The Semantics of Signage

Sometimes, semantics lead us into problems.

I recently talked about the degradation of language here, but, at the risk of becoming repetitive in my ranting, I passed another sign Sunday morning that really irritated me. This time it wasn’t text message language used in advertising, it was formal English. It wasn’t at a business, either, it was at a church. The sign simply proclaimed: “The victim of Good Friday is the victor of Easter.”

Victim? Victim??

Before we even discuss the concept of marketing and applying it to a community of faith, let us stop and think about this. Since when did Christ become a victim? As I recall the Scriptures, He specifically stated that no one took His life from Him, but that He willingly laid it down. He made the choice when He decided the Father’s will be done over His. Being a victim involves the absence of choice. Should you or I, God forbid, be victimized by a crime, we had no choice. We were walking down the street, for example, and the mugger stepped out of the shadows. We didn’t choose for that to happen, but it happened to us. We were, in this hypothetical situation, victims. Yet, if I pass someone on the street that is asking for money, and I give him that money, I’ve made a choice. I have no right to complain about not having the money later. I’m not a victim.

I’m sure the signage in question was meant well and with none but the purest motives, but their clever alliteration proves truly damaging upon closer inspection. Are we taking the victim mentality of which we’ve become so fond in America, with which we shun responsibility for our actions, and projected that onto Christ? Are we claiming Jesus was a product of His environment? Worse, are we claiming that He got pushed into something He didn’t know was coming? If He was murdered, then how in the world does that benefit us? What use was it? To say He was a victim is theologically very dangerous, because it robs Him of His deity, and thus robs the action of its power.

What disturbs me even more is what I perceive to be the issue behind this problem. Any writer or advertiser, when pushed up against a deadline, can come up with some low-quality copy in order to get the project in on time. I’m sure that’s what likely happened here, but let’s look at the bigger issue…you know, besides misrepresenting Christ to everyone driving by. The issue is: why do we feel the need to market our communities of faith? Why do we feel as though we have to place clever slogans on signs by the roadside to “bring people in?” Or worse, place gaudy digital light shows in front of the buildings that give the weather and announcements in addition to “clever slogans,” as well as make you think you’re approaching an emergency vehicle when you get within a block of the church building? Since when did we become convinced that Christ needs marketing? Doesn’t Scripture say that He draws people to Himself? I don’t recall reading anything about target demographics in the Canon.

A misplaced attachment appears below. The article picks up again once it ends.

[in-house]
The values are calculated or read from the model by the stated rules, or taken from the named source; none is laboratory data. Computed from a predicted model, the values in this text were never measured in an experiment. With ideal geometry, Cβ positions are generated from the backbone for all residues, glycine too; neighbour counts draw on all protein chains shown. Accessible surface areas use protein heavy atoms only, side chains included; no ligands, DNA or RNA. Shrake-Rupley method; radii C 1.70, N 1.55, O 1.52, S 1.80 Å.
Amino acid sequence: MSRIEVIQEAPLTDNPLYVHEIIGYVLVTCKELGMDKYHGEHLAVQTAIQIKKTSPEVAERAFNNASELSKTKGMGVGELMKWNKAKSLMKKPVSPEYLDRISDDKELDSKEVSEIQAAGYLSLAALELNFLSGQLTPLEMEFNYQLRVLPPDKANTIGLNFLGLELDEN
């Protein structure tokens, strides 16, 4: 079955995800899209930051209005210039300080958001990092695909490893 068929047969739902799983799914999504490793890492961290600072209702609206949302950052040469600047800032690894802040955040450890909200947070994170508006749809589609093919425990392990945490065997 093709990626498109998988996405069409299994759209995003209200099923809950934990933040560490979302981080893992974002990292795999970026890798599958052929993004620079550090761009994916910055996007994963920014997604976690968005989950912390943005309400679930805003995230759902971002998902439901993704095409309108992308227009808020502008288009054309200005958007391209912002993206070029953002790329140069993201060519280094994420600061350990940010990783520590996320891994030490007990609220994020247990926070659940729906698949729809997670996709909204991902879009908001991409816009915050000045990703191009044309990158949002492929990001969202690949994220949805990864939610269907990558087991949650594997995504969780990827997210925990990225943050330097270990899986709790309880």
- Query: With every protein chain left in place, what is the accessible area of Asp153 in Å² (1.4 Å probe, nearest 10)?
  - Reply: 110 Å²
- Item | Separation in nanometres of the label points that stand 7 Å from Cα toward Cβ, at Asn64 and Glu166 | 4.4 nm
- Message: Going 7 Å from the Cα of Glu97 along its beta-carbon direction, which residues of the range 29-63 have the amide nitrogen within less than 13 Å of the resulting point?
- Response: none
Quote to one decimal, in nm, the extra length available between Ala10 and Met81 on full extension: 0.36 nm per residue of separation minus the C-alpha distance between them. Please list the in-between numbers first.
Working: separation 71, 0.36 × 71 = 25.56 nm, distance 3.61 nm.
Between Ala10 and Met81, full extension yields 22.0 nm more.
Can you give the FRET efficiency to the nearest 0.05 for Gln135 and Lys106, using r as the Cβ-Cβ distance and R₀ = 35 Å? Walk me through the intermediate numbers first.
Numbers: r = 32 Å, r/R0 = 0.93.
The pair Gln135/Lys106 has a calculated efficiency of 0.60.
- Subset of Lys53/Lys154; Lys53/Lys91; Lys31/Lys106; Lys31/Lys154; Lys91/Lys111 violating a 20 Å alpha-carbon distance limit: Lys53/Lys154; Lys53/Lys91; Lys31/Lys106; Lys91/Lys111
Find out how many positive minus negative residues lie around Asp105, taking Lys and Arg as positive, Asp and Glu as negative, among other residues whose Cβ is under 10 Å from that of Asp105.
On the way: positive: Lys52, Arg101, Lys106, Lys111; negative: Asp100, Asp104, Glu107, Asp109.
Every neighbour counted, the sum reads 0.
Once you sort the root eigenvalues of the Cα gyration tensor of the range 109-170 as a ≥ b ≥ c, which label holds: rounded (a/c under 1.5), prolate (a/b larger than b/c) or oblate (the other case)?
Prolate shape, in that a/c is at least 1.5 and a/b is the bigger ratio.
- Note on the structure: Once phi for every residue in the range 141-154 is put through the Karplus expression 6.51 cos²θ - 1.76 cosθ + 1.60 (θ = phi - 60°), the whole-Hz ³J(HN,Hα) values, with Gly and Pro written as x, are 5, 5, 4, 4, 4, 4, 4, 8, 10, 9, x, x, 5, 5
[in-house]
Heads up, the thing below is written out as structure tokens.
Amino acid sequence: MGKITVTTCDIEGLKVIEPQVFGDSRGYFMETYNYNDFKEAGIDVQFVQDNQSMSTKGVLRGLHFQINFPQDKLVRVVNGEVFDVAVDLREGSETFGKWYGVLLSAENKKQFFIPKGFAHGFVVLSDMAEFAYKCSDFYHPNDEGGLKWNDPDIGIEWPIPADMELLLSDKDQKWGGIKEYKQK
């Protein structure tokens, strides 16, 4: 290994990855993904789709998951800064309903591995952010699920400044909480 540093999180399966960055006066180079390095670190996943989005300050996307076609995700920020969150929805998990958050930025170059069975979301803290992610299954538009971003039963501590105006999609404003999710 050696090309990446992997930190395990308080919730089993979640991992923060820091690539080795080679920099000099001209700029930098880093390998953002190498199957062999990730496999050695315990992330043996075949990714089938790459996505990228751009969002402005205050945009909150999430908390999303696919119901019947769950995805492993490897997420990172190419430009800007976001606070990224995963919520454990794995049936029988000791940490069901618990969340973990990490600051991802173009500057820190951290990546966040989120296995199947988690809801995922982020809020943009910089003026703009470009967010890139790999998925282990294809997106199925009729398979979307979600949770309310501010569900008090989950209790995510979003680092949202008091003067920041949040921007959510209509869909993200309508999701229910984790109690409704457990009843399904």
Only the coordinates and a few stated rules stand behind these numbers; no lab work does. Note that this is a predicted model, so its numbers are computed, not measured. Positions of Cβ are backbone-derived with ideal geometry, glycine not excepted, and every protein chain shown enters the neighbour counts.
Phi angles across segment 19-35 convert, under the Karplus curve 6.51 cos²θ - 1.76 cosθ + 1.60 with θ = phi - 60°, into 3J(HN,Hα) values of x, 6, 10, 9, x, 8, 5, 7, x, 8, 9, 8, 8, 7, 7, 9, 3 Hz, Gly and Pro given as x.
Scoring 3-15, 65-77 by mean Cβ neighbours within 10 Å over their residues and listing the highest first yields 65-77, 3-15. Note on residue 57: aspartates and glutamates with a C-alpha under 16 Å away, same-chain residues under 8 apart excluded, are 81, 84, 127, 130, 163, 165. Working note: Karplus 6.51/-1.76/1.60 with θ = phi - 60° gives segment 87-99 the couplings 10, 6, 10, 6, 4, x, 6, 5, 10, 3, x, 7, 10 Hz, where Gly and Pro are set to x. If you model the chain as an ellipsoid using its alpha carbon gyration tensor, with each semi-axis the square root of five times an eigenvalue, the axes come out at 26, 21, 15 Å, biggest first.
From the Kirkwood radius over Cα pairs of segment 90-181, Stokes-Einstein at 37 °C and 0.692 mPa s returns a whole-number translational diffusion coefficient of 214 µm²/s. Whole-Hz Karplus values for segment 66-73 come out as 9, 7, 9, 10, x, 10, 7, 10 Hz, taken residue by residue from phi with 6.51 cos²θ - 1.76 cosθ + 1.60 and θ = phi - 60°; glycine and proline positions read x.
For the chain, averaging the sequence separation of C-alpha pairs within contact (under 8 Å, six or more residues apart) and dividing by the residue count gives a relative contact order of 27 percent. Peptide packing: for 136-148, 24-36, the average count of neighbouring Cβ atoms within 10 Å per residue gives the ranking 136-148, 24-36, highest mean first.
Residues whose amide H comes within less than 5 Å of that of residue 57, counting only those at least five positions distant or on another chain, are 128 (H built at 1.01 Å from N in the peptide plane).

I think we’ve derived this from our horrible Western tenacity that leads us to adopt the view that we are “building a church,” in the same way that one would “grow a business.” Suddenly, it is about raising attendance on Sunday mornings, about quantity over quality. And so we advertise. And so we market. And so we inadvertently damage so much, so many, in our pressure to make the deadline for the next sign, or the next set of bulletins, or the next set of graphics.

I hope that, at some point, we’ll realize that what we think is clever alliteration isn’t perceived by skeptics as clever at all, but is in fact perceived as stupid. I shutter to think how He perceives it. We’ve become enslaved to our Western business model as a manner in which to “do church.” I think we’re so entrenched in it, so shallow in what Packer referred to as our “thousand-mile-wide and inch-deep” faith, that we truly have become victimized by our own pressure for success.

Don’t blame us, though. We’re just products of our environment.

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